DRY-FARMING IN A NUTSHELL
LOCATE the dry-farm in a section with an annualprecipitation of more than ten inches and, if possible, with small wind movement.One man with four horses and plenty of machinery cannot handle more than from 160to 200 acres. Farm fewer acres and farm them better.
Select a clay loam soil. Other soils may be equallyproductive, but are cultivated properly with somewhat more difficulty.
Make sure, with the help of the soil auger, thatthe soil is of uniform structure to a depth of at least eight feet. If streaks ofloose gravel or layers of hardpan are near the surface, water may be lost to theplant roots.
After the land has been cleared and broken letit lie fallow with clean cultivation, for one year. The increase in the first andlater crops will pay for the waiting.
Always plow the land early in the fall, unlessabundant experience shows that fall plowing is an unwise practice in the locality.Always plow deeply unless the subsoil is infertile, in which case plow a little deepereach year until eight or ten inches are reached Plow at least once for each crop.Spring plowing; if practiced, should be done as early as possible in the season.
Follow the plow, whether in the fall or spring,with the disk and that with the smoothing harrow, if crops are to be sown soon afterward.If the land plowed in the fall is to lie fallow for the winter, leave it in the roughcondition, except in localities where there is little or no snow and the winter temperatureis high.
Always disk the land in early spring, to preventevaporation. Follow the disk with the harrow. Harrow, or in some other way stir thesurface of the soil after every rain. If crops are on the land, harrow as long asthe plants will stand it. If hoed crops, like corn or potatoes, are grown, use thecultivator throughout the season. A deep mulch or dry soil should cover the landas far as possible throughout the summer. Immediately after harvest disk the soilthoroughly.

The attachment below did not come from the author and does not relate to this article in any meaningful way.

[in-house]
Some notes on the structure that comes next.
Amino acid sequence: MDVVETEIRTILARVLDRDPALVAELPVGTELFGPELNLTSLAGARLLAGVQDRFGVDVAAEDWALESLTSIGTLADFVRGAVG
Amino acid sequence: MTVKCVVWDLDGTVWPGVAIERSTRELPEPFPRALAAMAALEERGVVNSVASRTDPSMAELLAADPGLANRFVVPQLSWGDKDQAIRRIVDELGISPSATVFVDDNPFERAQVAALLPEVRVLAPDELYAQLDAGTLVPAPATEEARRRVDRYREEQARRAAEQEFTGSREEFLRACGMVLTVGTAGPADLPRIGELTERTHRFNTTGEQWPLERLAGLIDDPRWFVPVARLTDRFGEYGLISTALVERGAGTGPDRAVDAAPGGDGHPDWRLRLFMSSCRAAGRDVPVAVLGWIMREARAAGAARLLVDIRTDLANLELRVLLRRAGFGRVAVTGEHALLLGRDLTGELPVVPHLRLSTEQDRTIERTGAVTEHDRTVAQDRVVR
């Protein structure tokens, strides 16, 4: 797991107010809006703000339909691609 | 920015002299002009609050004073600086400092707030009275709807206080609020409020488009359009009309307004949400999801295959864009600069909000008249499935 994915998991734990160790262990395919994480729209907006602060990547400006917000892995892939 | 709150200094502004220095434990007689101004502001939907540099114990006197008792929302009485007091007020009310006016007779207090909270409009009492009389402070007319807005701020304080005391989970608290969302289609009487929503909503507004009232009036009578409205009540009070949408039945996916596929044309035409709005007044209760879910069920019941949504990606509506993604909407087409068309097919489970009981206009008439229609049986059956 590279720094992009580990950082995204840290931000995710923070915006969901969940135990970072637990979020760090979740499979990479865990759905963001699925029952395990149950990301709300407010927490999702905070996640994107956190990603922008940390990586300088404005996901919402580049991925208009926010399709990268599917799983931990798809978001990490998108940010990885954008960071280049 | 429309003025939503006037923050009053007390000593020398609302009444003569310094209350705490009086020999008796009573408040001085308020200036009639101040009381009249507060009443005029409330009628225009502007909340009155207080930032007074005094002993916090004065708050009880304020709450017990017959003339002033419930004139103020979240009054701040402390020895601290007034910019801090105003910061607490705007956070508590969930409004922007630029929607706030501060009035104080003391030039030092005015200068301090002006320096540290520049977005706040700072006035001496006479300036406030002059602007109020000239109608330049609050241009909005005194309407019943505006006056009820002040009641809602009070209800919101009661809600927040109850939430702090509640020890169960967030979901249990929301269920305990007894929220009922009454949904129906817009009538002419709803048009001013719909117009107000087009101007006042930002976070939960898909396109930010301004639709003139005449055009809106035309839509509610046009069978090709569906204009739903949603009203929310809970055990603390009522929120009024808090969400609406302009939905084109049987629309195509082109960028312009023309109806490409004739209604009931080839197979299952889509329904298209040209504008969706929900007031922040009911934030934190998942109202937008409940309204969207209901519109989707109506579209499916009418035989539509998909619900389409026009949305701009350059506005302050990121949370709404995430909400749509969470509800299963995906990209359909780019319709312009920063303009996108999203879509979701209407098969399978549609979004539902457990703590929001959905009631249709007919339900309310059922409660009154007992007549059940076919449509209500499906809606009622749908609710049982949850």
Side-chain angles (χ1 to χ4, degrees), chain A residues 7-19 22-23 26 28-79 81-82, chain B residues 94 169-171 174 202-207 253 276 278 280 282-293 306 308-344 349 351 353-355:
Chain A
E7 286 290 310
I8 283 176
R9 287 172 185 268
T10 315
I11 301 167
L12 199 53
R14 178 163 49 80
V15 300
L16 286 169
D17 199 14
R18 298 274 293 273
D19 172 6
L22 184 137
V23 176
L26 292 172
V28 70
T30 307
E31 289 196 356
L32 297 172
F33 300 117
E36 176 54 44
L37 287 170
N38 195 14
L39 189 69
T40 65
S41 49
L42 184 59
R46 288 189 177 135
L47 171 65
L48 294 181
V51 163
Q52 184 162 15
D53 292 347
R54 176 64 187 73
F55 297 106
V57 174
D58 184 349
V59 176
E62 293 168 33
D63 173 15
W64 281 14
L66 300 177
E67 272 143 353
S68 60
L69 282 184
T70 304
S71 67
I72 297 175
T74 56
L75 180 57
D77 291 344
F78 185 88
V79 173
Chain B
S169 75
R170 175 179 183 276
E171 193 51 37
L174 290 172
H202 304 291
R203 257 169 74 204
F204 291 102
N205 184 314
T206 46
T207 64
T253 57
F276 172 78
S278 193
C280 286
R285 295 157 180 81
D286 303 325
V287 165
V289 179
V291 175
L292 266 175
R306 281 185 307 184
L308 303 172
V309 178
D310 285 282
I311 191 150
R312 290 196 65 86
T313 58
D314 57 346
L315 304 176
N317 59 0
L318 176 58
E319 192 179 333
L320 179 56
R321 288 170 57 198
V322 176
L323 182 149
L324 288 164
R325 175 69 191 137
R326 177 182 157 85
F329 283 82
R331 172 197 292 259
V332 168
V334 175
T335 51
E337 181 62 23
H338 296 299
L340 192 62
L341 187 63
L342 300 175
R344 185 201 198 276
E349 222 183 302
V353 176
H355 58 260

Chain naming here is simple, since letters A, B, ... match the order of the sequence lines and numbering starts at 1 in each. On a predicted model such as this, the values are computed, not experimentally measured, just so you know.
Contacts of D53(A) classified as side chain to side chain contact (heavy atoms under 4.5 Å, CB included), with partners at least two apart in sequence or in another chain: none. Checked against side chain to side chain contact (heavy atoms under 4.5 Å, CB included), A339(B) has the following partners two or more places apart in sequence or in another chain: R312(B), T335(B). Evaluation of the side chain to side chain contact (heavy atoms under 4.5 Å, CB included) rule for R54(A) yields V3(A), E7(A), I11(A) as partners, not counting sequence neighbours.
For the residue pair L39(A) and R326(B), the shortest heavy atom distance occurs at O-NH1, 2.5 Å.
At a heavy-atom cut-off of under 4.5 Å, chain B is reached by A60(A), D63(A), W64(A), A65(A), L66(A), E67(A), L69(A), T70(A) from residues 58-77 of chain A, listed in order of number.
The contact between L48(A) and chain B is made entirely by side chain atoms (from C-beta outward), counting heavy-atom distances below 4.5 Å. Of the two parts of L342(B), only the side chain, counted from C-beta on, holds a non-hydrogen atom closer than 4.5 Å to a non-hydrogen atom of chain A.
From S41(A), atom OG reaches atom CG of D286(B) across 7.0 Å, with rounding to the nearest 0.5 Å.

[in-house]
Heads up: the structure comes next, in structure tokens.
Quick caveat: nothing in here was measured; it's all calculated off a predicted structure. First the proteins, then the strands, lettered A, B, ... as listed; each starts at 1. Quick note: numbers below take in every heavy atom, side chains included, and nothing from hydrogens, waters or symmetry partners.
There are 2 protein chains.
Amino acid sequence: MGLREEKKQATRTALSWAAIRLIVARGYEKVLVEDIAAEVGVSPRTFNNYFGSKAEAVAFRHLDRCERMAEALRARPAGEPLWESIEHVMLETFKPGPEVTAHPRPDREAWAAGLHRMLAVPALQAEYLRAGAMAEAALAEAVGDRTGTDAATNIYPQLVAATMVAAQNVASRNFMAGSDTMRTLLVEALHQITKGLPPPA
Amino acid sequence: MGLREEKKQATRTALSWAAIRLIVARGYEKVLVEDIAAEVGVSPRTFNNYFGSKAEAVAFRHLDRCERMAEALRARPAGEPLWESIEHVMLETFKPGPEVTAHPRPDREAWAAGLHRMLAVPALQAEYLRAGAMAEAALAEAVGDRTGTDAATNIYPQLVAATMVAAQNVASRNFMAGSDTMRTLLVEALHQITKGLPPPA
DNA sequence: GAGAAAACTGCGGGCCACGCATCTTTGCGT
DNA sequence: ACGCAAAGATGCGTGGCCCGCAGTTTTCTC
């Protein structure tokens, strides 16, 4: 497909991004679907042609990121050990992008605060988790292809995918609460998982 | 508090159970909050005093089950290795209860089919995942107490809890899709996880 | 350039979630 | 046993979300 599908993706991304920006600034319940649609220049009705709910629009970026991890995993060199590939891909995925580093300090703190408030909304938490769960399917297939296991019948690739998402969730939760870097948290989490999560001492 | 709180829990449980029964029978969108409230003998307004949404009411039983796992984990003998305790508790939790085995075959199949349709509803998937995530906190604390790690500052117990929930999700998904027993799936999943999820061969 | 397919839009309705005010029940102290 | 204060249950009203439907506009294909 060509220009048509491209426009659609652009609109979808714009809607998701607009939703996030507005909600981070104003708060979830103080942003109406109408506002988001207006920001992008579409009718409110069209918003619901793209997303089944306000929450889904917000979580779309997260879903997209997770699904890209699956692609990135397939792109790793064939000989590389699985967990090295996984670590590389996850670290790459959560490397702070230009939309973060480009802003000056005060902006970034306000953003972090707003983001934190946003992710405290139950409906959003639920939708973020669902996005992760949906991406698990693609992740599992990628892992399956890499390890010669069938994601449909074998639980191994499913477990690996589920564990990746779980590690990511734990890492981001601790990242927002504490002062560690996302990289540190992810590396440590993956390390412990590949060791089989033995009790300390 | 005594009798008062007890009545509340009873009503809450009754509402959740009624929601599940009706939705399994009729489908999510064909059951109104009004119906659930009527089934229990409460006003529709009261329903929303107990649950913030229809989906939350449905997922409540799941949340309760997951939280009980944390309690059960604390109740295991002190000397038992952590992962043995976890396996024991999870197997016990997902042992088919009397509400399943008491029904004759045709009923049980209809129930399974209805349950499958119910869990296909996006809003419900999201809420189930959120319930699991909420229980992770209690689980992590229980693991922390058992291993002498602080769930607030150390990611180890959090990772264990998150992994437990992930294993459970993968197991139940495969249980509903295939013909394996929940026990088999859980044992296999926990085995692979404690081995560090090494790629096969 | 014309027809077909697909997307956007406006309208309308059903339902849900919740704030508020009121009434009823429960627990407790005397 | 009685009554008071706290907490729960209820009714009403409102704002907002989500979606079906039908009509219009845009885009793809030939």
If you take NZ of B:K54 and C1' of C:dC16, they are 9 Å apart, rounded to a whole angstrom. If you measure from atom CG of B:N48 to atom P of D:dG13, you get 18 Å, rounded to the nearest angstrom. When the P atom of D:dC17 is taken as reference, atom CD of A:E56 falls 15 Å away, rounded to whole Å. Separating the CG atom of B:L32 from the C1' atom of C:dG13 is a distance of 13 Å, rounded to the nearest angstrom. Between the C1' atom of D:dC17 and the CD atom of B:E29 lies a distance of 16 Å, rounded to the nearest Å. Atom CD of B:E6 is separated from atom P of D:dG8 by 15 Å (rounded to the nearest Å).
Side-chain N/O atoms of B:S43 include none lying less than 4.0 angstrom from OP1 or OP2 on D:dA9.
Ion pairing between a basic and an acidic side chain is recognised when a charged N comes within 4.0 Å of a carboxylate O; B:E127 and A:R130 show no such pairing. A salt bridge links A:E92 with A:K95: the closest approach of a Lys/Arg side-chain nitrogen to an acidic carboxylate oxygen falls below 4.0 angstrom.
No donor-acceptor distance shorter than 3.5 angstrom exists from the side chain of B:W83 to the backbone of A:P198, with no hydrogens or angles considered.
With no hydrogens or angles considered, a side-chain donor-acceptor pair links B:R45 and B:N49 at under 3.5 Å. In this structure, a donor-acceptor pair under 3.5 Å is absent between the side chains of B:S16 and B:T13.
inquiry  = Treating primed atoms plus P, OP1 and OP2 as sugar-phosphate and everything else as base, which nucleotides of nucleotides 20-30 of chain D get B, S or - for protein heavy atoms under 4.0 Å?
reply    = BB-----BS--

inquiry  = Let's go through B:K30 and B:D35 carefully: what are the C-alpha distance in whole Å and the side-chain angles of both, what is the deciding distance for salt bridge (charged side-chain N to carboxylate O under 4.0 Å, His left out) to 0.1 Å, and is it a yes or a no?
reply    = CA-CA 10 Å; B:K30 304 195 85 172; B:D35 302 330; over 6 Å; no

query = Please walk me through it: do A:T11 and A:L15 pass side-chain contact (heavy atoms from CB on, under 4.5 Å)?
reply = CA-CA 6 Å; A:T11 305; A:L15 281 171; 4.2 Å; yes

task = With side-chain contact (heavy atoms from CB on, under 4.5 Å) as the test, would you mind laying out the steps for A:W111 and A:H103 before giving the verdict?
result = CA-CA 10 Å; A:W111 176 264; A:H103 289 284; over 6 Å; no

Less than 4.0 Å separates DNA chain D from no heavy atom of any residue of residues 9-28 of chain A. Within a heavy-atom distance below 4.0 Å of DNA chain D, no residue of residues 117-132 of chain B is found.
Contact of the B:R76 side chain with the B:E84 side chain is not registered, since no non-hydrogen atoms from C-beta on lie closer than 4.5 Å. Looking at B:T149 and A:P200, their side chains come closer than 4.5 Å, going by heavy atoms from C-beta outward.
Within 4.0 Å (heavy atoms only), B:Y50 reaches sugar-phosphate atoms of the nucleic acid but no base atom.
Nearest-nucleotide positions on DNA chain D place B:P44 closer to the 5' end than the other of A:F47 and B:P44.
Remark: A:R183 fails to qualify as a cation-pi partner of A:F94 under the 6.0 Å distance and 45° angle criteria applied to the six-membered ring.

Destroy weeds as soon as they show themselves.A weedy dry-farm is doomed to failure.
Give the land an occasional rest, that is, aclean summer fallow. Under a rainfall of less than fifteen inches, the land shouldbe summer fallowed every other year; under an annual rainfall of fifteen to twentyinches, the summer fallow should occur every third or fourth year. Where the rainfallcomes chiefly in the summer, the summer fallow is less important in ordinary yearsthan where the summers are dry and the winters wet. Only an absolutely clean fallowshould be permitted.
The fertility of dry-farm soils must be maintained.Return the manure; plow under green leguminous crops occasionally and practice rotation.On fertile soils plants mature with the least water.
Sow only by the drill method. Wherever possibleuse fall varieties of crops. Plant deeply--three or four inches for grain. Plantearly in the fall, especially if the land has been summer fallowed. Use only aboutone half as much seed as is recommended for humid-farming.
All the ordinary crops may be grown by dry-farming.Secure seed that has been raised on dry-farms. Look out for new varieties, especiallyadapted for dry-farming, that may be brought in. Wheat is king in dry-farming; corna close second. Turkey wheat promises the best.
Stock the dry-farm with the best modern machinery.Dry-farming is possible only because of the modern plow, the disk, the drill seeder,the harvester, the header, and the thresher.
Make a home on the dry-farm. Store the floodwaters in a reservoir; or pump the underground waters, for irrigating the familygarden. Set out trees, plant flowers, and keep some live stock.
Learn to understand the reasons back of the principlesof dry-farming, apply the knowledge vigorously, and the crop cannot fail.
Always farm as if a year of drouth were coming.
Man, by his intelligence, compels the laws ofnature to do his bidding, and thus he achieves joy.
"And God blessed them--and God said untothem, Be fruitful and multiply and replenish the earth, and subdue it."